"She wants you to eat an apple." Eve, honey, put the apple back. Make a nice salad for dinner or something. Just trust me on this one.
"vuole <che> tu" = "wants <that> you", but you shouldn't translate literally into English. In English you will drop the <that>, therefore "wants you to"
"Would like" is a different tense. Just like in English it is conditional ("vorrebbe") and not the present (wants, "vuole"). They have slightly different shades of meaning, like the difference in English between "would like" and "wants."
Really? Then why is "would like" also given in the roll over glossary? Seems to me that if they give it in the glossary, they ought to accept it as a correct answer.
why can't you say: i want you to eat an apple insted of: it wants you to eat an apple? it is very srange. don't you think so?
Vuole also means "he/she wants" not just "it wants." Vuole che tu mangi una mela: He/she wants that you eat an apple.
Diane, It does of course I have no idea to whom I made this reply It clearly makes no sense here. Sometimes replies get put in the wrong place. Sorry for the confusion
Is it possible to translate this to '(lui) vuole ti mangiare una mela', or something similar - i.e. using the infinitive?
No, you only use the infinitive if it's the same subject wanting to do the action. "Voglio mangiare una mela" - I want to eat the apple. If it's one subject wanting another subject to do the action, you have to use che, and "mangi" here is actually the subjunctive form of the verb mangiare. Vuole che tu mangi una mela. He wants (one subject) that you (other subject) eat an apple.
Modern English doesn't make it clear that it's one subject wanting another subject to do something (He wants you to eat the apple), so it's understandable why one would naturally want to use the infinitive.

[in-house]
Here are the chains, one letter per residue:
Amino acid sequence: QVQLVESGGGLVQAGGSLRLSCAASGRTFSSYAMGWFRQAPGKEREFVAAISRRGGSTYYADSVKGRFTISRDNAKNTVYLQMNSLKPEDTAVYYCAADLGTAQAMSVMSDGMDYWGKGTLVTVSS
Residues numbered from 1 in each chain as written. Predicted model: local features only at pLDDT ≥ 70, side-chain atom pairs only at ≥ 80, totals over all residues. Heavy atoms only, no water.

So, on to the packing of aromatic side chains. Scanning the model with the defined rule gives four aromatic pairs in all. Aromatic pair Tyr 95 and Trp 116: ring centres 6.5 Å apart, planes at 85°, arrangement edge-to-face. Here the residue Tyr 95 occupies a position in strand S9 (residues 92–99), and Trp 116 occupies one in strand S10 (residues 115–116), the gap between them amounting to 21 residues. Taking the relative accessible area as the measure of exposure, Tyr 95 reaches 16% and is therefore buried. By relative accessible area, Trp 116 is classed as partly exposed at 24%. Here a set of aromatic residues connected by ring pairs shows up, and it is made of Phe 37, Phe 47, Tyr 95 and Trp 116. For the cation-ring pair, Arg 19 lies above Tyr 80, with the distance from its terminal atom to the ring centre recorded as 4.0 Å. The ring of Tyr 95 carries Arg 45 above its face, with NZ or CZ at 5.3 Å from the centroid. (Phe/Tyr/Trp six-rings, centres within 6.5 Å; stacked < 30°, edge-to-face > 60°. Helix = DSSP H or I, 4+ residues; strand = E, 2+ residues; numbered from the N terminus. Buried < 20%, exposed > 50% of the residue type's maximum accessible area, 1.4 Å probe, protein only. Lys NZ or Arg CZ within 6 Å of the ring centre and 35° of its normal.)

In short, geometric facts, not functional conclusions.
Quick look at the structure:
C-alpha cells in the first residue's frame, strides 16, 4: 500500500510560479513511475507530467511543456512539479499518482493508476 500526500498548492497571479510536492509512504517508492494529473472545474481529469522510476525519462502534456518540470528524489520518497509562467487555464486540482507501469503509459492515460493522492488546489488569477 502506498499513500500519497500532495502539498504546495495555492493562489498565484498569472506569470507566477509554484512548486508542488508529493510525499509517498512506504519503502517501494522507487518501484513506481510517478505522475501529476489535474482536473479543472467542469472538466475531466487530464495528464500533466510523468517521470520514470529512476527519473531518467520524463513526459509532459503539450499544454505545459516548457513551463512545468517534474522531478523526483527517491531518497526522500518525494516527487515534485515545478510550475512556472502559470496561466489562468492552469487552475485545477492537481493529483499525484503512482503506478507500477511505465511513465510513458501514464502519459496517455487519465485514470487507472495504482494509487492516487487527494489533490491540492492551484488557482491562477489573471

Ah, thank you! That's very helpful. Would it then be incorrect in Italian to use che in the first person, like 'voglio che mangio una mela'?
Yeah, idk if that could technically be correct, but it sounds really weird to me. You would definitely say "voglio mangiare una mela" (I want to eat an apple).
It would be obvious in context: this is the farmer/ farmer's wife. He / she wants you to eat an apple
Such an expression in French would call for the subjunctive tense. Is this not the case for Italian?
Indeed it does. This is the subjunctive, which happens to be the same as the second person singular indicative
I'm not native English talker, but I think that this translation is correct: "He wants that you eat an apple", but the system says that it is not correct. Who is right, me or Duo?
I'm not sure if your translation could be technically correct, but as a native English speaker, it sounds weird to me. No one would actually say it that way. Instead we would say "He wants you to eat an apple".
That is true, but as a speaker of foreign languages, we have to recognize that Italian, as well as other languages, are easier to learn if we think in their syntax. "He wants you to eat an apple" is literally "Ti vuole mangiare una mela" but that doesn't translate well. If "He wants that you eat an apple" sounds like old-english, then Italian will be easier to learn if you think in old-english.
It gives the sentence a subjunctive mood, expressing a desire. So you are quite right.
"He wants that you eat an apple" is correct, but sounds like something I'd read in 18th or 19th century dialogue.
Caiser. Your logic is correct. In fact, although it is not how we would say it the uk, it is an excellent way of getting the Italian correct. He wants that, will bring you nicely to the subjunctive, as that is subjunctive also in English